Initial analysis:  Being tied into a rope in whitewater is clearly a grave danger.  It is worth questioning why tying into a rope seemed reasonable to 3 pretty experienced individuals.  In this situation, anchoring the rope was equally dangerous. 

Canyoneers often rappel on ropes in waterfalls into pools and have developed techniques to quickly release the rope.  There are also a number of well known canyons that exit onto rivers where the canyoneers rig ropes to help their team members cross those rivers.  Luca and the other team members had these experiences.  They likely had not tested these techniques on a river that was 100 feet wide and which had nearly 3000 cfs.  What seems also likely is that they had not practiced swimming rapids or swimming rapids while trailing a rope.  If they had been more familiar with swimming rapids it seems likely that they would have assessed the danger of swimming the next rapid as being much safer than tying into a rope.

In this case the rope was intended as a safety feature, to pull the swimmer back if necessary and to pull the others across.  This is a common mistake where we think that more gear makes us more safe. In this case, the current pulling on the rope behind the swimmer prevented them from getting all the way across the current.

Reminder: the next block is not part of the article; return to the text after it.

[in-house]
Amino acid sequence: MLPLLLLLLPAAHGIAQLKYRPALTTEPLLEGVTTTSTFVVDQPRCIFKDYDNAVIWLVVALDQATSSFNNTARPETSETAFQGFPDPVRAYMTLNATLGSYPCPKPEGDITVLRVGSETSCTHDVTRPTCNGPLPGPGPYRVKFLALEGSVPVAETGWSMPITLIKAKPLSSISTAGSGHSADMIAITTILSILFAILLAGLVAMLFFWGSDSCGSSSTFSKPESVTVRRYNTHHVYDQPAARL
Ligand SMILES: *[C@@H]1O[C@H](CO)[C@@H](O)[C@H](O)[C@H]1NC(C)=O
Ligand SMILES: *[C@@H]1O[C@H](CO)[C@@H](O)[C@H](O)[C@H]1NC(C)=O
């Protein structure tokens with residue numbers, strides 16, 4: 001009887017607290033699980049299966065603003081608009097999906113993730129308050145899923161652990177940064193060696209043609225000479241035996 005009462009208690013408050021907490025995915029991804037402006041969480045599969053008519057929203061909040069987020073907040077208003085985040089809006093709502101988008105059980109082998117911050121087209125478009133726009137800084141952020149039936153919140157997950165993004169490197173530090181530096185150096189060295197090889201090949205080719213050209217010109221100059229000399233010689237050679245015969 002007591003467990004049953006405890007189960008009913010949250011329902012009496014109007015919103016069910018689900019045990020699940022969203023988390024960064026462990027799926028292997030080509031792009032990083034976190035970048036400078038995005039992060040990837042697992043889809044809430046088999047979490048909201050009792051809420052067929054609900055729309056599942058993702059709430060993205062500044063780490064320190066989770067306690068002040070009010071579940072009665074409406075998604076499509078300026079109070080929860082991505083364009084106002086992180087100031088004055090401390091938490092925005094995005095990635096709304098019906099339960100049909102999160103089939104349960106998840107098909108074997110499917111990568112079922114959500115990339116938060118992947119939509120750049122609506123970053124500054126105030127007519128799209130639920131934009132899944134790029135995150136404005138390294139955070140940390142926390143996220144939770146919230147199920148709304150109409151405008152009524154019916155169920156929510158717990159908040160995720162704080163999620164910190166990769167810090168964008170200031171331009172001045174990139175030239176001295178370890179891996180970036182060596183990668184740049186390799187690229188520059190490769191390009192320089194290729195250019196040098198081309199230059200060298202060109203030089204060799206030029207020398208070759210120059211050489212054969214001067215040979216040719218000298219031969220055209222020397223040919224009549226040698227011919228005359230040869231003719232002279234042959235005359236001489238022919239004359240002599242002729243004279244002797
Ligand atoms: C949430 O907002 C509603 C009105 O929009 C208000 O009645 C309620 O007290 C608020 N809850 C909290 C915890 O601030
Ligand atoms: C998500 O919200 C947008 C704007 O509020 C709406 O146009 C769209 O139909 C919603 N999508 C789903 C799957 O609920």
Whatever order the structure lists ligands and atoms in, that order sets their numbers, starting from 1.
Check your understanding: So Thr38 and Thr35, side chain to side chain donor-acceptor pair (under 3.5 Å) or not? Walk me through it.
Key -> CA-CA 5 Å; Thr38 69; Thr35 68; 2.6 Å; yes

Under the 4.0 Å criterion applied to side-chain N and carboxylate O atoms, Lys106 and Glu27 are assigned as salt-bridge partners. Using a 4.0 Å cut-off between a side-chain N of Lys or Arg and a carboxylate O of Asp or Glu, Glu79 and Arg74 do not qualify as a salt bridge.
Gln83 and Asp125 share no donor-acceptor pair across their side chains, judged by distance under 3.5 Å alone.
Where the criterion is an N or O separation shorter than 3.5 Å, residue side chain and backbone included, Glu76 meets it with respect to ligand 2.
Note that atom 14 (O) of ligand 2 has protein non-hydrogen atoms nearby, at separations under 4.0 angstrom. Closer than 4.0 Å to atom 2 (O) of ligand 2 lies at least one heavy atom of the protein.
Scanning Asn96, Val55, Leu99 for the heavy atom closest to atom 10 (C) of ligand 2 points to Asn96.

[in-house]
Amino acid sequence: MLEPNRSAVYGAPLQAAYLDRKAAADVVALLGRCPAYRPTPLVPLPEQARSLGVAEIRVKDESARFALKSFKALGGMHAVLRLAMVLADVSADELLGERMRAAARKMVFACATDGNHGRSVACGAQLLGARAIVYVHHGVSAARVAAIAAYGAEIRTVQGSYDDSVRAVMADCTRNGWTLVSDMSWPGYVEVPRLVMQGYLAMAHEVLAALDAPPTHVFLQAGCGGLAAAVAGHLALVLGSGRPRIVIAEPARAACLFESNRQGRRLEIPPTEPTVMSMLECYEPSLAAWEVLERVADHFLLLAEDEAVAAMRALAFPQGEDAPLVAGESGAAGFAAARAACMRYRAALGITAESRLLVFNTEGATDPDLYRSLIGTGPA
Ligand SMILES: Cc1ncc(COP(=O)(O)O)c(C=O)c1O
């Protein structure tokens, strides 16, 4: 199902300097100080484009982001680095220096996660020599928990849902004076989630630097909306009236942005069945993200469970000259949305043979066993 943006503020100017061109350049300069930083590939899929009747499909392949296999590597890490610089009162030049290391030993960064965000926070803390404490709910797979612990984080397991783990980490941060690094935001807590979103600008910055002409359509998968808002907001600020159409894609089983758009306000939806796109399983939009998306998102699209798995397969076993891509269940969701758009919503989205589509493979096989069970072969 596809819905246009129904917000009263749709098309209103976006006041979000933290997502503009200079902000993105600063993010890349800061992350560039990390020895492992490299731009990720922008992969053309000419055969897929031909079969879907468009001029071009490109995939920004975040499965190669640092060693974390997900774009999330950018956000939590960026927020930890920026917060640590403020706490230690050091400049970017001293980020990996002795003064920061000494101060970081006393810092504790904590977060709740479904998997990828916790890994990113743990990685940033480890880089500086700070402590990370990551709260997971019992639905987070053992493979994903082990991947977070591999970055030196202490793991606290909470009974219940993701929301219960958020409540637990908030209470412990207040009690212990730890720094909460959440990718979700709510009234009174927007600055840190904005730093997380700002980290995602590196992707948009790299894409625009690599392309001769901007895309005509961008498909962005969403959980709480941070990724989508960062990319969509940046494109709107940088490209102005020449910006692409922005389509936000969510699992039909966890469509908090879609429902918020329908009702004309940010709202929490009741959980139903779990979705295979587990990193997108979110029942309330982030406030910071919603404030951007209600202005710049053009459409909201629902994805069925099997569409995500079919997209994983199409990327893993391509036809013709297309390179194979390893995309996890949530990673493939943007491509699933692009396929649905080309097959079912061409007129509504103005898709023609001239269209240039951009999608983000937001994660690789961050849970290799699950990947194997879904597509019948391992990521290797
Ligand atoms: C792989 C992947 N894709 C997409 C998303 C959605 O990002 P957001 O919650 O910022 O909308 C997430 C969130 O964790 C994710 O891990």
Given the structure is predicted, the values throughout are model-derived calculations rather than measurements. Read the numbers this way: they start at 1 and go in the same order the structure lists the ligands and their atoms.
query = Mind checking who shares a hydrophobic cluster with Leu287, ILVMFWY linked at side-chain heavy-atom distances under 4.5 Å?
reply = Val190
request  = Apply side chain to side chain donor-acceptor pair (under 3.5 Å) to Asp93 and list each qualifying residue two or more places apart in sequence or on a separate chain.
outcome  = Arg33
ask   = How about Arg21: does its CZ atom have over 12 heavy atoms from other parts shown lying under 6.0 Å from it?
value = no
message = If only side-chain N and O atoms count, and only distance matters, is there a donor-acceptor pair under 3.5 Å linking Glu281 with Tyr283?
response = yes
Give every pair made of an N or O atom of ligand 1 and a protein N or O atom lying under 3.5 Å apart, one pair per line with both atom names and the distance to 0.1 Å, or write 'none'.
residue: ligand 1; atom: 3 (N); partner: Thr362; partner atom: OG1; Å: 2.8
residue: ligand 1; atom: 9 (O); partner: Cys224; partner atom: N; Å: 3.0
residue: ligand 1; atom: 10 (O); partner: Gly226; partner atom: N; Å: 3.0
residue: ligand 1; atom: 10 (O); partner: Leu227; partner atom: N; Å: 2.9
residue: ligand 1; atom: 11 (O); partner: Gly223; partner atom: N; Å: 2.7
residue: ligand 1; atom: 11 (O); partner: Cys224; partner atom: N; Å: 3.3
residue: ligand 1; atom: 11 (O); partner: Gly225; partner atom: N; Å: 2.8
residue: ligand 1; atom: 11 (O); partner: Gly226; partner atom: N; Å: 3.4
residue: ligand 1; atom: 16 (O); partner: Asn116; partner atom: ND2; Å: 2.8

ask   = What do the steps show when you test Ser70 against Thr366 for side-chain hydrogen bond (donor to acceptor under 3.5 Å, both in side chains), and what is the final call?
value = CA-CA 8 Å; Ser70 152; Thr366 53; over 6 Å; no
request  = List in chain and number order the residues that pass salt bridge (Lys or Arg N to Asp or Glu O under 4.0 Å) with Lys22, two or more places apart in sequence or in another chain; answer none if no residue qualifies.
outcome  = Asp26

Anchoring the rope  was equally dangerous, but probably seemed equally sensible to the team. If the rope had not been anchored, the belayer could have run inland away from the edge of the river and had a much greater chance of penduluming the swimmer into shore.  Also, when the forces on a body belay become extreme, you know that the forces on the swimmer are equally extreme and unsustainable.  Anchoring the rope allowed very high forces to build on the swimmer.

A third problem was that Luca tied the rope to the standard front tie in point on his harness.  When the rope came taught the current pushed straight into his face.  Rescue lifejackets always have a tie in at the back so that the swimmers face is downstream when the rope is tight. There can be an air pocket formed by the swimmers head and the swimmer has a greater chance of breathing.

They could have all launched into the river individually and swam as hard as they could for the other shore.  Given that they were all wearing wetsuits with a fair bit of floatation and the rapid just below is moderate, they probably could have made it across with only a few bumps.  If they had brought lifejackets, boogy boards or river boards and flippers they could have made it across more confidently.

River runners or river crossers do at times have good reasons for trying to set up a rope across a river.  The amount of drag that the river current can put on any normal size rope makes it very dangerous, whether using a raft, kayak or swimming.  The first rope across needs to float and to have minimal resistance to the water.  Very thin line like fly fishing line might work well.  The thin line can then be used to bring across heavier line.  People who engage in roped river crossings should experiment by crossing with and without different types of ropes to see what the differences are.